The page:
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Legal Eye on Puttaswamy V. Union of India - Right to Privacy as Fundamental Right

Right to Privacy as Fundamental Right Law Optional UPSC

WHY ARE WE KEEN ABOUT THIS ? Simply because majority of questions which appears in UPSC LAW OPTIONAL question is from contemporary legal developments which occur around yourself. So come let’s see what happens around us ! WAKE UP !!!!




  • ‘Privacy’ is “the condition or state of being free from public attention to intrusion into or interference with one’s acts or decisions”[1]OR

  • ' the right to be let alone’

  • YOU SAY “ leave me alone” – Yes !!! it is privacy at its simplest.

2. WHAT IS ESSENTIAL TO GUARANTEE THE RIGHT TO PRIVACY : What seems to be essential to privacy is the power to seclude oneself and keep others from intruding it in any way.

FORMS OF INTRUSIONS : These intrusions may be physical or visual, and may take any of several forms including peeping over one’s shoulder to eavesdropping directly or through instruments, devices or technological aids.

3. COME ON ! WHY THIS PRIVACY IS BURNING OUT NOW ? It’s all because of AADHAR SCHEME – which has our biometric and associated data stored with UIDAI.

  • Attorney general of India, while defending the Aadhaar project, argued that the Constitution does not include within it a fundamental right to privacy based on MP Sharma v. Satish Chandra(1954) and Kharak Singh v. State of Uttar Pradesh(1962)[2] = which had held Constitution of India does not specifically protect the right to privacy.

4. THE LANDMARK DECISION IN 2017 : Puttuswamy v. Union of India- A nine-judge constitution bench of the Supreme Court of India affirmed the right to privacy as a Fundamental Right under Part III of the Constitution.

5. FR under which Article? Article 21. Why ?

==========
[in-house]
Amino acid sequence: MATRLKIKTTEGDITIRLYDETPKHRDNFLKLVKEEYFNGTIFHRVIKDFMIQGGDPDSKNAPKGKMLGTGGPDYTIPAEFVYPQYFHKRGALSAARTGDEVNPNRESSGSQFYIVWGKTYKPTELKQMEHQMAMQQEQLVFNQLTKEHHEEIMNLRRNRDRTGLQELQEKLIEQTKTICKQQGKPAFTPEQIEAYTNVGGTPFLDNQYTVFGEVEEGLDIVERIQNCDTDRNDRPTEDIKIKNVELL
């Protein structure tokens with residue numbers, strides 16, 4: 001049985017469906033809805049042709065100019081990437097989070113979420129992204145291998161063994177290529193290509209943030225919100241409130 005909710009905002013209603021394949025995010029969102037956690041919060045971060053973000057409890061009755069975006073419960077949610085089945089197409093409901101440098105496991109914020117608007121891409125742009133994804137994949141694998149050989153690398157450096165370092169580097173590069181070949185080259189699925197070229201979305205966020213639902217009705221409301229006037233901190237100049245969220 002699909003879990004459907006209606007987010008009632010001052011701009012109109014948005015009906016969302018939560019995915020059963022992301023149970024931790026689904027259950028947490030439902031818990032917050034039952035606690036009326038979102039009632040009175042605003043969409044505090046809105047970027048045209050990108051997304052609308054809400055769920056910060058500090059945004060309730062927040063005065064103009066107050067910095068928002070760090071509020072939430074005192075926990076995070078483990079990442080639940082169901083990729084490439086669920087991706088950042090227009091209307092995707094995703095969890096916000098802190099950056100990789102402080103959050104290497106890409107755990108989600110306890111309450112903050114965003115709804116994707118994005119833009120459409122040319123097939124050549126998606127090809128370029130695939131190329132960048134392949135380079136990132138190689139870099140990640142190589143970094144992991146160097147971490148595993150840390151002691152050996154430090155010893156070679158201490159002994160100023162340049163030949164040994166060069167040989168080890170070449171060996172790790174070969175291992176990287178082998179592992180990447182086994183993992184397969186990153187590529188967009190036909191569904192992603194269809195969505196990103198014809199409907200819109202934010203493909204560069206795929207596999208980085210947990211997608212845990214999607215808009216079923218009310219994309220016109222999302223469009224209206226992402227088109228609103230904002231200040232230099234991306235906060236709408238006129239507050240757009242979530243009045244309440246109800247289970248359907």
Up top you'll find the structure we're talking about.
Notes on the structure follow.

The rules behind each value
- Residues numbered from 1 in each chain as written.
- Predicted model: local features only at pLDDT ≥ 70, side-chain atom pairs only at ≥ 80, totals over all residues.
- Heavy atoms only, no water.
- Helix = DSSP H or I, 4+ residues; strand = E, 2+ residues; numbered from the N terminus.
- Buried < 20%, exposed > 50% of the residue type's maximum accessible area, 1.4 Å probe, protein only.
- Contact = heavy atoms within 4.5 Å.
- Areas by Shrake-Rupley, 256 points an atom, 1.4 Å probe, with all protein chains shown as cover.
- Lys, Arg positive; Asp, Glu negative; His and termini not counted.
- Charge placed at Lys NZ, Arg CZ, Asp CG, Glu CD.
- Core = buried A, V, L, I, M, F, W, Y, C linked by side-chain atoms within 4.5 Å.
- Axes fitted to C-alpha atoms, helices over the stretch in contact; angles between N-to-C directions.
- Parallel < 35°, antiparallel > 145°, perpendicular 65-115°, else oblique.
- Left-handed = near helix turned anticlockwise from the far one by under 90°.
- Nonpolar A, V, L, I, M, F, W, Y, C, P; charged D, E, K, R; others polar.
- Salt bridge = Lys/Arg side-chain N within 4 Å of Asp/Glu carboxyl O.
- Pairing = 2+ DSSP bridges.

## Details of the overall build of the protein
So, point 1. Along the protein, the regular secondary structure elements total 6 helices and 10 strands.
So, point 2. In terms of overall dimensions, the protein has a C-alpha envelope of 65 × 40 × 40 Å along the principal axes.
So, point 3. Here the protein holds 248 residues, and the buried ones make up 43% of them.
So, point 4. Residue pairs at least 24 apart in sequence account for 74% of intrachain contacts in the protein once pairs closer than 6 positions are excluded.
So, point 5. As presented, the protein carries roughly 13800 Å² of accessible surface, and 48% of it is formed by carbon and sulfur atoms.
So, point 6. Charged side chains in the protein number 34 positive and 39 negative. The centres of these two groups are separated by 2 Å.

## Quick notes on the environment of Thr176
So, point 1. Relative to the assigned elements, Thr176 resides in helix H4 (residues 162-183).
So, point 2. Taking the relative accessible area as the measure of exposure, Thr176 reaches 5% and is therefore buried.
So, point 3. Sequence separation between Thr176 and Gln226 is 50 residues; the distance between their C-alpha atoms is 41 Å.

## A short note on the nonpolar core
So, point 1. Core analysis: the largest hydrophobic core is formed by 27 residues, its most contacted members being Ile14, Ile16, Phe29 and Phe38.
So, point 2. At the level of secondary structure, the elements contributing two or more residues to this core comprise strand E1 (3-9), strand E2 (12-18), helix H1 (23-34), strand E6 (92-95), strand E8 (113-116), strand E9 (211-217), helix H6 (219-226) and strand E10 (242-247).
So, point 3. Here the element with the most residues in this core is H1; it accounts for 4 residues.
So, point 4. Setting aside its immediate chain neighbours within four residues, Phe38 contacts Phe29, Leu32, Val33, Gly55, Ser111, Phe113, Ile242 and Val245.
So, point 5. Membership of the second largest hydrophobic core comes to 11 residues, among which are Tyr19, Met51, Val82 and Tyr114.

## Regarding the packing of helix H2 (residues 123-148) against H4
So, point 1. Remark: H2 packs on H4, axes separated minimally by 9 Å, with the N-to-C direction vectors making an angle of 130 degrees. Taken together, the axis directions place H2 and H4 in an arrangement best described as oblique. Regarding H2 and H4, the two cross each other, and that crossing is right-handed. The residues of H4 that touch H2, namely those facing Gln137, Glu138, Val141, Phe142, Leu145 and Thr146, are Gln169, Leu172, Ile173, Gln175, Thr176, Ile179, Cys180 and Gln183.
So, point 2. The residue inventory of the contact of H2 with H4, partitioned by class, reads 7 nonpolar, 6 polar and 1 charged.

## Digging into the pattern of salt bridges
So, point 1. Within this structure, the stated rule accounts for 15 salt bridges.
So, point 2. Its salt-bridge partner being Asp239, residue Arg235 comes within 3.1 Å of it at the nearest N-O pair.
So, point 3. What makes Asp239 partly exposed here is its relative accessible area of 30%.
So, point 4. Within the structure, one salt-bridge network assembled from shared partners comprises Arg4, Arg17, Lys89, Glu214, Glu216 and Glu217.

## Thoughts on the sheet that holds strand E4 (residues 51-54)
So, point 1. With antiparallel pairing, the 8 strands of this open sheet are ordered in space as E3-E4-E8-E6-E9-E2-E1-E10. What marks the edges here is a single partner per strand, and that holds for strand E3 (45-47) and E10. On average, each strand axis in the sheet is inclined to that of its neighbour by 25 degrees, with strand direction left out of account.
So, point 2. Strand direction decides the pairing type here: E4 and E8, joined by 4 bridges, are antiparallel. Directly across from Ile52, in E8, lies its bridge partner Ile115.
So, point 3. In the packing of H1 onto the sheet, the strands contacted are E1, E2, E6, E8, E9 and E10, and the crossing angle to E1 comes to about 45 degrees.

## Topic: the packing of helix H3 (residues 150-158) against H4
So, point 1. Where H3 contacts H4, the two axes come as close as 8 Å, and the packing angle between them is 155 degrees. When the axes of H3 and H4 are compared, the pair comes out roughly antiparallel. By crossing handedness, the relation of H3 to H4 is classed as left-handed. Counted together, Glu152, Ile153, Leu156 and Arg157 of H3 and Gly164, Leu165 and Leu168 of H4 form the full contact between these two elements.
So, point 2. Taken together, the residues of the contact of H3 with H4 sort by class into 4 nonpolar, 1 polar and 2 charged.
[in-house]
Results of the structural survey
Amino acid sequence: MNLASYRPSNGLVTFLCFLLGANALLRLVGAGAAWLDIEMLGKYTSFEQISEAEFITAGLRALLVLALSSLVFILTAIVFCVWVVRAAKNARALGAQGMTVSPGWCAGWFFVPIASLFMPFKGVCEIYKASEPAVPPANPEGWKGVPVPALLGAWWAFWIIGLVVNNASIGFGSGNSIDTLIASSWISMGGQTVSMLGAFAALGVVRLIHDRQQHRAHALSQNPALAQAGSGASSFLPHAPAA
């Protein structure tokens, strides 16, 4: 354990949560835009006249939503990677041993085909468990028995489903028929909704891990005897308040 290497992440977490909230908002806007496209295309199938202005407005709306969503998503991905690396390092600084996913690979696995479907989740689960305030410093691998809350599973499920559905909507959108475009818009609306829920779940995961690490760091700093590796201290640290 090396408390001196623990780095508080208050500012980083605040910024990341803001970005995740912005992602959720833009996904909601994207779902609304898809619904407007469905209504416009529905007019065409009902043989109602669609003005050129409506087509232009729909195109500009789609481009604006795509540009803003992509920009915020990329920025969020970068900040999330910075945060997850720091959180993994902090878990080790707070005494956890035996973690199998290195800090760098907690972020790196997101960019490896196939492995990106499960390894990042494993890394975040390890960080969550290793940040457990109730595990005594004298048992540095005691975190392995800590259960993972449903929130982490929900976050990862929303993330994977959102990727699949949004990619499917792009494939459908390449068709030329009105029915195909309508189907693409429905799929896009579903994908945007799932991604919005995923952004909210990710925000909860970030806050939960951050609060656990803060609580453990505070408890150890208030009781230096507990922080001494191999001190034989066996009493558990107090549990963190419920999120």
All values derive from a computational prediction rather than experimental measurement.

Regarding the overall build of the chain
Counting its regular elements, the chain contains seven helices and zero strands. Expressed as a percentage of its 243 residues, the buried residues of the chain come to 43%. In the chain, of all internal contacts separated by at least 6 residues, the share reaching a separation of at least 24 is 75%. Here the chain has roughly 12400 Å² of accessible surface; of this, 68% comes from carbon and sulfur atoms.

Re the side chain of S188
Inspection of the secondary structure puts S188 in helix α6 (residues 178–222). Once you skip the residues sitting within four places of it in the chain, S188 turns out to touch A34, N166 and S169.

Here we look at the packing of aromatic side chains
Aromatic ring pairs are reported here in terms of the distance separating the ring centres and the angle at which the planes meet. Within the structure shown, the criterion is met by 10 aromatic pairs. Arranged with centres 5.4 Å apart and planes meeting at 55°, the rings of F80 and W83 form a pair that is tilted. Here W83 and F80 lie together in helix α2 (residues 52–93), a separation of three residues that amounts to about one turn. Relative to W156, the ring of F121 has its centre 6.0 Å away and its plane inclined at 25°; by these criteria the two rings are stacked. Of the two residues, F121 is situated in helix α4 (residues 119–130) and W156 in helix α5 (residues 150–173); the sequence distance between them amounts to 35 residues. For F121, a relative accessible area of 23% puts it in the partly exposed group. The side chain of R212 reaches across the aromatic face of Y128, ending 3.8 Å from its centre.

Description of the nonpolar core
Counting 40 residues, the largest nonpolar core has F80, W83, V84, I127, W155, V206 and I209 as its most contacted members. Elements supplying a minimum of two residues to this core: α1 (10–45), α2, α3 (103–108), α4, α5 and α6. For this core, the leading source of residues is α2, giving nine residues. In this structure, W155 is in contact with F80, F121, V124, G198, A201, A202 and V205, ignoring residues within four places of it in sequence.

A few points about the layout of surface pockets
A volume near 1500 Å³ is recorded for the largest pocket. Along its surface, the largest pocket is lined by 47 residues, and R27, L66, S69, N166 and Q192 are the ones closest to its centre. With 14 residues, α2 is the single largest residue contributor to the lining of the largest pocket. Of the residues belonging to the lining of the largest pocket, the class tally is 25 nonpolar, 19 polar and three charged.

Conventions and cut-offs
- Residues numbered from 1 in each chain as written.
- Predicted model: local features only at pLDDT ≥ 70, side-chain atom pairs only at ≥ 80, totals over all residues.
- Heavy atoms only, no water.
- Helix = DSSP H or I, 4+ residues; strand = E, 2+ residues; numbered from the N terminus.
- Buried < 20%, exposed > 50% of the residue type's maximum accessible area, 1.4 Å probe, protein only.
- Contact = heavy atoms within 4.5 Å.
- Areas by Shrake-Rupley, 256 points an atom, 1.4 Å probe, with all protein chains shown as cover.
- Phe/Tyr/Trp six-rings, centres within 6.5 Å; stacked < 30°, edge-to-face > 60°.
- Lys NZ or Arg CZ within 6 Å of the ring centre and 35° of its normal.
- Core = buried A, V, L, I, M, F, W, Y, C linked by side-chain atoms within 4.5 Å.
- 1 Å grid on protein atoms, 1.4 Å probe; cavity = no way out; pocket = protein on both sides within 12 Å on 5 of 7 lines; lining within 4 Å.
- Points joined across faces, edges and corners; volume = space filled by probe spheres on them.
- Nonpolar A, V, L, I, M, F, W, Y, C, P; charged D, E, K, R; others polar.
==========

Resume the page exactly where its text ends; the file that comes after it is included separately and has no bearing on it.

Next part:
• Privacy is intrinsic to the right to life and personal liberty under Article 21 of the Constitution and will be included under part III of the Constitution.”

  • Privacy is the constitutional core of human dignity. Privacy ensures the fulfilment of dignity. C.J.Khehar

6. What this case has done to past judicial legacy ?

  • Overruled the MP Sharma and Kharak Singh case.

  • Overruled the ADM Jabalpur case – which allowed for fundamental rights to be suspended during an Emergency.

  • Questioned the Judicial reasoning in Naz Foundation Case - implied that the “minuscule minority” LGBTQ (lesbian, gay, bisexual, transgender and queer) community was not entitled to the right to privacy.

7. WHAT PRIVACY HOLDS IN INTERNATIONAL LAW ? Art.12 UDHR +Art.17 –ICCPR : Guarantees Right to Privacy.[3]

8. VARIOUS DIMENSIONS OF PRIVACY : It includes bodily integrity, personal autonomy, informational self-determination, protection from State surveillance, dignity, confidentiality, compelled speech, freedom to dissent or move[4] or think.

Right to Privacy as Fundamental Right

DEBATE IT NOW ! IS FUNDAMENTAL RIGHT TO PRIVACY IS ABSOLUTE ? No. The court held that privacy is not an absolute right.

RESTRICTIONS CAN BE INTRODUCED: The government can introduce a law which “intrudes” into privacy for public and legitimate state reasons. But a person can challenge this law in any of the constitutional courts of the land — the Supreme Court or the State High Courts — for violation of his fundamental right to privacy.​


[1]BLACK’S LAW DICTIONARY (Bryan Garner, ed.) 3783 (2004)

[2]M.P. Sharma & Others v. Satish Chandra & Others, AIR 1954 SC 300 and Kharak Singh v. State of U.P. & Others, AIR 1963 SC 1295, (both decisions of Constitution Bench of Eight and Six Judges respectively).

[3]Article 12 of the Universal Declaration of Human Rights, 1948 and Article 17 of the International Covenant on Civil and Political Rights (ICCPR), 1966, both legally protect persons against the “arbitrary interference” with one’s privacy, family, home, correspondence, honour and reputation.

[4]Maneka Gandhi Vs. Union of India, (1978) 1 SCC 248 :Person’s right takes within its sweep the right to travel abroad.

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